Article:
WorldACD: 2017 a remarkable year for air cargo but when will the party end?

Market analyst WorldACD has described 2017 as a “real bumper year” for airfreight but posed the question: “When will the party end?”
In its latest update, WorldACD reports that December 2017 saw a year-over-year (YoY) growth of 4.5% in worldwide air cargo volumes.
The main contributors, stated the analyst, were the origin regions Asia Pacific (+8%) and North America (+5.1%). Europe’s growth was 2.2% only, while air cargo originating in Africa contracted by 7.5%. Middle East & South Asia (MESA ) and Central & South America saw an increase in step with the worldwide average. Europe grew most as a destination (+6.8%).
Stated WorldACD: “Yield developments, however, drew most of the attention: wordwide yields were up by 10% YoY, measured in euros, and by a whopping 23.5% in dollars. “Compared to November, dollar-yields rose by 2.5%, another noteworthy feature, as yields usually drop between November and December.”
For the 2017 fourth quarter as a whole, YoY volume growth was 6.6%: “Impressive in the light of the fact that air cargo – after years of a lacklustre performance – started to grow again as from September 2016.”
The analyst continued: “Of course, this fact made it more ‘difficult’ for the industry to record strong year-over-year volume growth figures in the latter part of 2017.
“However, that difficulty did not stand in the way of serious revenue growth for the airlines in Q4, as yields in dollars started to grow with double digit percentages precisely as from September 2017.
“Capacity shortages in a number of markets, rate-of-exchange fluctuations and rising oil prices all had a role to play in the resulting worldwide airline revenue growth of over 25% in the last quarter of a truly remarkable air cargo year.”
WorldACD added: “We can safely call 2017 a real bumper year. Many records were broken, and most signs stood on green for almost the entire year.
“Yet, the year was no different from other years in the sense that 2017 also knew winners and losers: origin & destination cities, sectors and companies that grew, others that lagged behind. Here is our top level YoY overview.
“Whilst general cargo increased by 10.5%, specific cargo products grew with 7.4%, making for an overall volume growth of 9.6% (10.8% in DTK). Yield improvement (in dollars) was also larger in general cargo (+9.4% vs +5.9%).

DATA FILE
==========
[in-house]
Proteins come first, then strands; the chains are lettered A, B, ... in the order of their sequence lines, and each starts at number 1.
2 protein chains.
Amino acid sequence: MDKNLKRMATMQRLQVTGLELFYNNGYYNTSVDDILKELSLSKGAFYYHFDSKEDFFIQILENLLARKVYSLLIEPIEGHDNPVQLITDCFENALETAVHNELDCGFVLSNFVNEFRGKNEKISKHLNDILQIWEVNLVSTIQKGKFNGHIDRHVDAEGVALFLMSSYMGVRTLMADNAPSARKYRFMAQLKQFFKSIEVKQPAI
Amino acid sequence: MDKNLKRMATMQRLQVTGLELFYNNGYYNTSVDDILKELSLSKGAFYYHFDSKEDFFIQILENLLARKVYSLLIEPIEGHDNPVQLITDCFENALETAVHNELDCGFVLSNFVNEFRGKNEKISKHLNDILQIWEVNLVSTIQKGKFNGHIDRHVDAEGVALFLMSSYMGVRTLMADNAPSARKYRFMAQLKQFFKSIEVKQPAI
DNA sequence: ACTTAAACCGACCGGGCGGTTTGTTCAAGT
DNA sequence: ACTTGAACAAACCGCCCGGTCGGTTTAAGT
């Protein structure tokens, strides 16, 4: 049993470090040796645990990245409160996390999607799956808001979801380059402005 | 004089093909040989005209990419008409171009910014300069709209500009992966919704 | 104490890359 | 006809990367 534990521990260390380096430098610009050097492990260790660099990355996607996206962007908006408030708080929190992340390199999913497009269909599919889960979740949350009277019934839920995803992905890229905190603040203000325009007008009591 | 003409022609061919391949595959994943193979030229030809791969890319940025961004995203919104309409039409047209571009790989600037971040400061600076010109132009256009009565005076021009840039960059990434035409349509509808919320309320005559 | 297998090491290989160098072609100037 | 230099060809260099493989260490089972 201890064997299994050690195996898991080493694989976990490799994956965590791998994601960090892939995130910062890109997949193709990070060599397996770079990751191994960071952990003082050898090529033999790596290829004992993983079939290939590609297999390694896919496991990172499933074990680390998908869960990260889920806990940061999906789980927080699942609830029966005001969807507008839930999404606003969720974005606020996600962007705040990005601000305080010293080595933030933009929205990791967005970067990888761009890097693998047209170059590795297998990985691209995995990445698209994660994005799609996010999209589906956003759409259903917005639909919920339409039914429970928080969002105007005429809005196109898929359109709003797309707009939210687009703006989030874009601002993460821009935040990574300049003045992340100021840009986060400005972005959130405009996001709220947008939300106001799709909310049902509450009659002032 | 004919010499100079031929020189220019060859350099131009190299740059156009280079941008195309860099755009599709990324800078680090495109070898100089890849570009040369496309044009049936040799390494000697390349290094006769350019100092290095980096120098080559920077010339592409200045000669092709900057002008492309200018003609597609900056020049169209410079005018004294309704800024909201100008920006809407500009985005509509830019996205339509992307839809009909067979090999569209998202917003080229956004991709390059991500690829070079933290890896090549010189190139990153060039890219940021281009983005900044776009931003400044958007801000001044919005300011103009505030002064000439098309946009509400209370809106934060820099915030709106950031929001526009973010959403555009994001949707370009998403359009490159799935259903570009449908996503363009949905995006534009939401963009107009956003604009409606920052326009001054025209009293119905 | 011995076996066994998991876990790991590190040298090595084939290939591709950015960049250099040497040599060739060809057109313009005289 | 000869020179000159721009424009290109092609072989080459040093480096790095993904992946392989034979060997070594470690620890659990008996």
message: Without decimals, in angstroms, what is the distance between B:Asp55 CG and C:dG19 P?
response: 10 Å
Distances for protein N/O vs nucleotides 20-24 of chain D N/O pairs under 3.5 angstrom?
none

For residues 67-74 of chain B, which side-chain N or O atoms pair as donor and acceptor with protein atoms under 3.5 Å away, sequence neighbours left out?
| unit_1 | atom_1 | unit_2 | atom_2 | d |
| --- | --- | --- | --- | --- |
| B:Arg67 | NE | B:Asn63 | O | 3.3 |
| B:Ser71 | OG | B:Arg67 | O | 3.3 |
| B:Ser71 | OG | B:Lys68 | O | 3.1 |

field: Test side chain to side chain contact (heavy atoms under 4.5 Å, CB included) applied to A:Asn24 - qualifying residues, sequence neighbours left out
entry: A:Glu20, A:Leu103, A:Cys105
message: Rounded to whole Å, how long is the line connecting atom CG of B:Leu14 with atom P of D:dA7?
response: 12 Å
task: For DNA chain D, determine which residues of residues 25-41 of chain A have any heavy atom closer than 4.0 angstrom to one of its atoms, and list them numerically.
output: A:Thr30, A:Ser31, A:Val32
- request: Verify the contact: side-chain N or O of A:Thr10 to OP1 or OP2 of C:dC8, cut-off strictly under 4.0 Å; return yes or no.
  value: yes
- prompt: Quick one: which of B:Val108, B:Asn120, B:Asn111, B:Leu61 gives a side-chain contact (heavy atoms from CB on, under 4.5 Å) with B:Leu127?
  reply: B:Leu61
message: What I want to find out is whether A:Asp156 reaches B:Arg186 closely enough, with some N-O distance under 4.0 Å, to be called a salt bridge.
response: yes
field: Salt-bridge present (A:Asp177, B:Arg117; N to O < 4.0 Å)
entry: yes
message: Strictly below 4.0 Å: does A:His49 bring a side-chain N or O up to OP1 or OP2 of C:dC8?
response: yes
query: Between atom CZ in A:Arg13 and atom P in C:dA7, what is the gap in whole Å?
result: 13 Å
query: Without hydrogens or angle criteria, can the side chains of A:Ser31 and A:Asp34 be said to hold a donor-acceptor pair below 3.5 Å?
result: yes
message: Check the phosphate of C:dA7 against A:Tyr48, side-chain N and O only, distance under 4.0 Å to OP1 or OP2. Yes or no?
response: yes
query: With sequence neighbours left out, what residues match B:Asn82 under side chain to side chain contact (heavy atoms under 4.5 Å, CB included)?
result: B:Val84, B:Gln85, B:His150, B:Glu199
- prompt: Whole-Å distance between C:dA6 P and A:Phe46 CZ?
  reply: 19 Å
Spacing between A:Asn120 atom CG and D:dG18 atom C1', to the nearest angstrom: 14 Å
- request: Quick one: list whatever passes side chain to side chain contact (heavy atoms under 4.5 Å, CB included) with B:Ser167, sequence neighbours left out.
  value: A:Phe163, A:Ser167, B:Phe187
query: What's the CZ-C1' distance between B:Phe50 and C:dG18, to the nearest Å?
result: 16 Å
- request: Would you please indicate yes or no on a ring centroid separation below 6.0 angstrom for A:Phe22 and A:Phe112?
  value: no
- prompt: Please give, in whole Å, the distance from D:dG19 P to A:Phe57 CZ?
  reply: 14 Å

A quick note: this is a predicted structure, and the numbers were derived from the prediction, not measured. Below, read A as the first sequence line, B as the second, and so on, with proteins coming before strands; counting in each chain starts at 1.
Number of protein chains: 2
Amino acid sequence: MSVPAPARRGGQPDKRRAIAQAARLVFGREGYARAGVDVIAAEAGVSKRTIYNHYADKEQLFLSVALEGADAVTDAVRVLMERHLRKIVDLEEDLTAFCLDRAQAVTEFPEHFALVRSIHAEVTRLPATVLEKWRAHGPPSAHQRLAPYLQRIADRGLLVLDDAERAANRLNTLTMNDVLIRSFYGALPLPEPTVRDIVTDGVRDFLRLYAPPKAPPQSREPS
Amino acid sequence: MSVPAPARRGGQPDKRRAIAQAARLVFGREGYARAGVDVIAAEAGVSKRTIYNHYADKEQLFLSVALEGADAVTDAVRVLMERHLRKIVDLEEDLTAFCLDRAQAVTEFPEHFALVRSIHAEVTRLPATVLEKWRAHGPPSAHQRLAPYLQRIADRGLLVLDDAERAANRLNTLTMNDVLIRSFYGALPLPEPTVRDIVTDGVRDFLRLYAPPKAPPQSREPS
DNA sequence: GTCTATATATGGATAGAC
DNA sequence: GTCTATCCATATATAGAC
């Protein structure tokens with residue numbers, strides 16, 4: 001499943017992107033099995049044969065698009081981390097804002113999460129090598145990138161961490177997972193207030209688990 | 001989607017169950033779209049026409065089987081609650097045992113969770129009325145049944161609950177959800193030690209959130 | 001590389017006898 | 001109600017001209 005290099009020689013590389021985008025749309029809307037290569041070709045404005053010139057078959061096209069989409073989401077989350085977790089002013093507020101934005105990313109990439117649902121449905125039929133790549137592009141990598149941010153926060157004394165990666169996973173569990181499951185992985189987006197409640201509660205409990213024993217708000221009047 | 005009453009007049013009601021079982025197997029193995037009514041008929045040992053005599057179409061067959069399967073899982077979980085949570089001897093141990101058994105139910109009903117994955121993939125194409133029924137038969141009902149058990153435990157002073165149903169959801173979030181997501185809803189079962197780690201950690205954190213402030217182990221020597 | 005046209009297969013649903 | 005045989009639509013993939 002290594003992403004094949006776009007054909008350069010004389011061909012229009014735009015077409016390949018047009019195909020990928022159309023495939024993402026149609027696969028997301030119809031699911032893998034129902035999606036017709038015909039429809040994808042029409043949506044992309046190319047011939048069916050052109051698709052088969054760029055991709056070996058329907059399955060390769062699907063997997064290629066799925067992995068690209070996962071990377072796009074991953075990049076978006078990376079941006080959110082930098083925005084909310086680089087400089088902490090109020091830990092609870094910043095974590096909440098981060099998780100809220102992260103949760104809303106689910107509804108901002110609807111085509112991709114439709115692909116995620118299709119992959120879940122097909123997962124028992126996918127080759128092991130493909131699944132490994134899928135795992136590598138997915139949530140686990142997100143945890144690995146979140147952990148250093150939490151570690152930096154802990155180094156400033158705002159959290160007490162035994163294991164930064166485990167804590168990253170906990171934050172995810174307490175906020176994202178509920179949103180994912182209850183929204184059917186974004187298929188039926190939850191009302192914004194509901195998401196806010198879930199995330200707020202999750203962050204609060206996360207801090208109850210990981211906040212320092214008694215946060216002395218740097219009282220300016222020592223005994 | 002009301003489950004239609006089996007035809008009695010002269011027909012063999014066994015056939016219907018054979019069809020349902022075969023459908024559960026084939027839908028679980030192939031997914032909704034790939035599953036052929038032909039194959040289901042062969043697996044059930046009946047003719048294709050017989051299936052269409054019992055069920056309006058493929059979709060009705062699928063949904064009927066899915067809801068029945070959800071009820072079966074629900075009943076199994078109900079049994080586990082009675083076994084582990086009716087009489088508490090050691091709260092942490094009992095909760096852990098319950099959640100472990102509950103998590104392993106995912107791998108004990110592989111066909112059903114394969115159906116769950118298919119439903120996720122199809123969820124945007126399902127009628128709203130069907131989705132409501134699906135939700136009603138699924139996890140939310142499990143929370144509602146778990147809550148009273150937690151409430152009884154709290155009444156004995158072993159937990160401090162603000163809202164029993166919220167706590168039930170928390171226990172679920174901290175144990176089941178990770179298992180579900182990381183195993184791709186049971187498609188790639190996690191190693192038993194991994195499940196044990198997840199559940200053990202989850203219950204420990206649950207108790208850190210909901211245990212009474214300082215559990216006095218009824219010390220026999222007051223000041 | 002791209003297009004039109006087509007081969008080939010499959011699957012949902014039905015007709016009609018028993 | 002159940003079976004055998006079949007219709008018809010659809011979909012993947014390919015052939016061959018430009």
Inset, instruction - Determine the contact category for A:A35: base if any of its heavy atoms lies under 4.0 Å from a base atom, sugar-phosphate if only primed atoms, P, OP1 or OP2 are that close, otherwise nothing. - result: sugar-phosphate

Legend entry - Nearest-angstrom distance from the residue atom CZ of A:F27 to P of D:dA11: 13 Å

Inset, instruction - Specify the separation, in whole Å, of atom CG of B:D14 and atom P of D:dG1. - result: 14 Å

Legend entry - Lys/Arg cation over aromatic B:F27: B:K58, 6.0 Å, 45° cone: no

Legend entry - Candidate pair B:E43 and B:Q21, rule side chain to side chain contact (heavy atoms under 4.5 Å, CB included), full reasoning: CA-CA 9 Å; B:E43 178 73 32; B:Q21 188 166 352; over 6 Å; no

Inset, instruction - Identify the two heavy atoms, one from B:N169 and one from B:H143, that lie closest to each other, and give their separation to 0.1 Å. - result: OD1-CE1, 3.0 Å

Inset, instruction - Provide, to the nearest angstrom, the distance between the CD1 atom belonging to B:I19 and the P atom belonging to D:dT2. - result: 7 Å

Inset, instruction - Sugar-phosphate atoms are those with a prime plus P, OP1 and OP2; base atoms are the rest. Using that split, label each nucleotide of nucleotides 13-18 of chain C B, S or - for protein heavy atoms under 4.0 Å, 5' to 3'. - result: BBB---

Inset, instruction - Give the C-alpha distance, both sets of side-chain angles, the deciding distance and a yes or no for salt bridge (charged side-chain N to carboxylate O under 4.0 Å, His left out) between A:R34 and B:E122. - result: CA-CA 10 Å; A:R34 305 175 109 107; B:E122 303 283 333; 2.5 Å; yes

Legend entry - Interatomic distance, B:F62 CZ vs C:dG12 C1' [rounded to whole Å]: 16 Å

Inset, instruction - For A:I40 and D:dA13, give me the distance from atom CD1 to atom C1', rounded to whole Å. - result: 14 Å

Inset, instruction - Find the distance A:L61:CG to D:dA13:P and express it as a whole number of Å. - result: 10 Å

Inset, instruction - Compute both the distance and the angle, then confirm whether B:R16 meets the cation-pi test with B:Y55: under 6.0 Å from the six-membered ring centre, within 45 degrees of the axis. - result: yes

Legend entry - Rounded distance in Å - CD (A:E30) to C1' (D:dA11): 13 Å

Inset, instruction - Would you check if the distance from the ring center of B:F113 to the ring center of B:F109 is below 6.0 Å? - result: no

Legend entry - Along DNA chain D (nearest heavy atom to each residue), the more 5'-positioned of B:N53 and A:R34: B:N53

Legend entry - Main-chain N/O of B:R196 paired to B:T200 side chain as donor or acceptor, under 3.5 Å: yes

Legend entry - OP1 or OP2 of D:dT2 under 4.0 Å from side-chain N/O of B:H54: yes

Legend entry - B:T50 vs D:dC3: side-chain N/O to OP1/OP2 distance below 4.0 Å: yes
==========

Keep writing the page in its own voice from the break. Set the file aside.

It continued: “The categories with the highest volume growth were vulnerables & high tech, pharmaceuticals and flowers, showing a dollar-yield growth of 8%, 5.4% and 1% respectively.”
The world’s top-20 forwarders “remained an exclusive club,” stated WorldACD, “not allowing new members to join them”.
The top forwarders’ growth was in line with the overall market benchmark, although the top-five: DHL Global Forwarding, Kuehe + Nagel, DB Schenker, Expeditors and Panalpina as a group outgrew their colleagues in volume (+16% vs +14%). GSA’s fared best in Asia Pacific (+15% volume growth), Europe (+12%) and MESA (+11%).
Of the 50 largest origin cities, four recorded a growth of well over 20%: Hanoi (leading with 25.5%), Brussels, Colombo and Ho Chi Minh City.
Hong Kong remained the number one origin, growing 16%. Of the top-10 origins, Amsterdam and Los Angeles were the ones showing slightly less growth than the worldwide average.
Among the largest destinations, Doha (leading with 42%), Shanghai, Osaka, Hanoi, Mexico City, Chennai and Campinas all grew their incoming volumes by more than 20%.
Added WorldACD: “The shares of total business for the individual airline groups remained reasonably stable.
“The exception? Airlines from Africa: whilst business from their region lagged behind, their overall growth was much higher than the growth realised by other groups.
“The airlines based in Asia Pacific grew a bit more than average in 2017, whilst airlines based in Europe, the Americas and MESA lagged behind, albeit only slightly, thus giving up a tiny part of their overall share of the pie.”
With positive trends continuing throughout the past year, said WorldACD, the big question is how long all this will continue. “As Mark Twain reportedly once said, it is difficult to make predictions, particularly about the future…”

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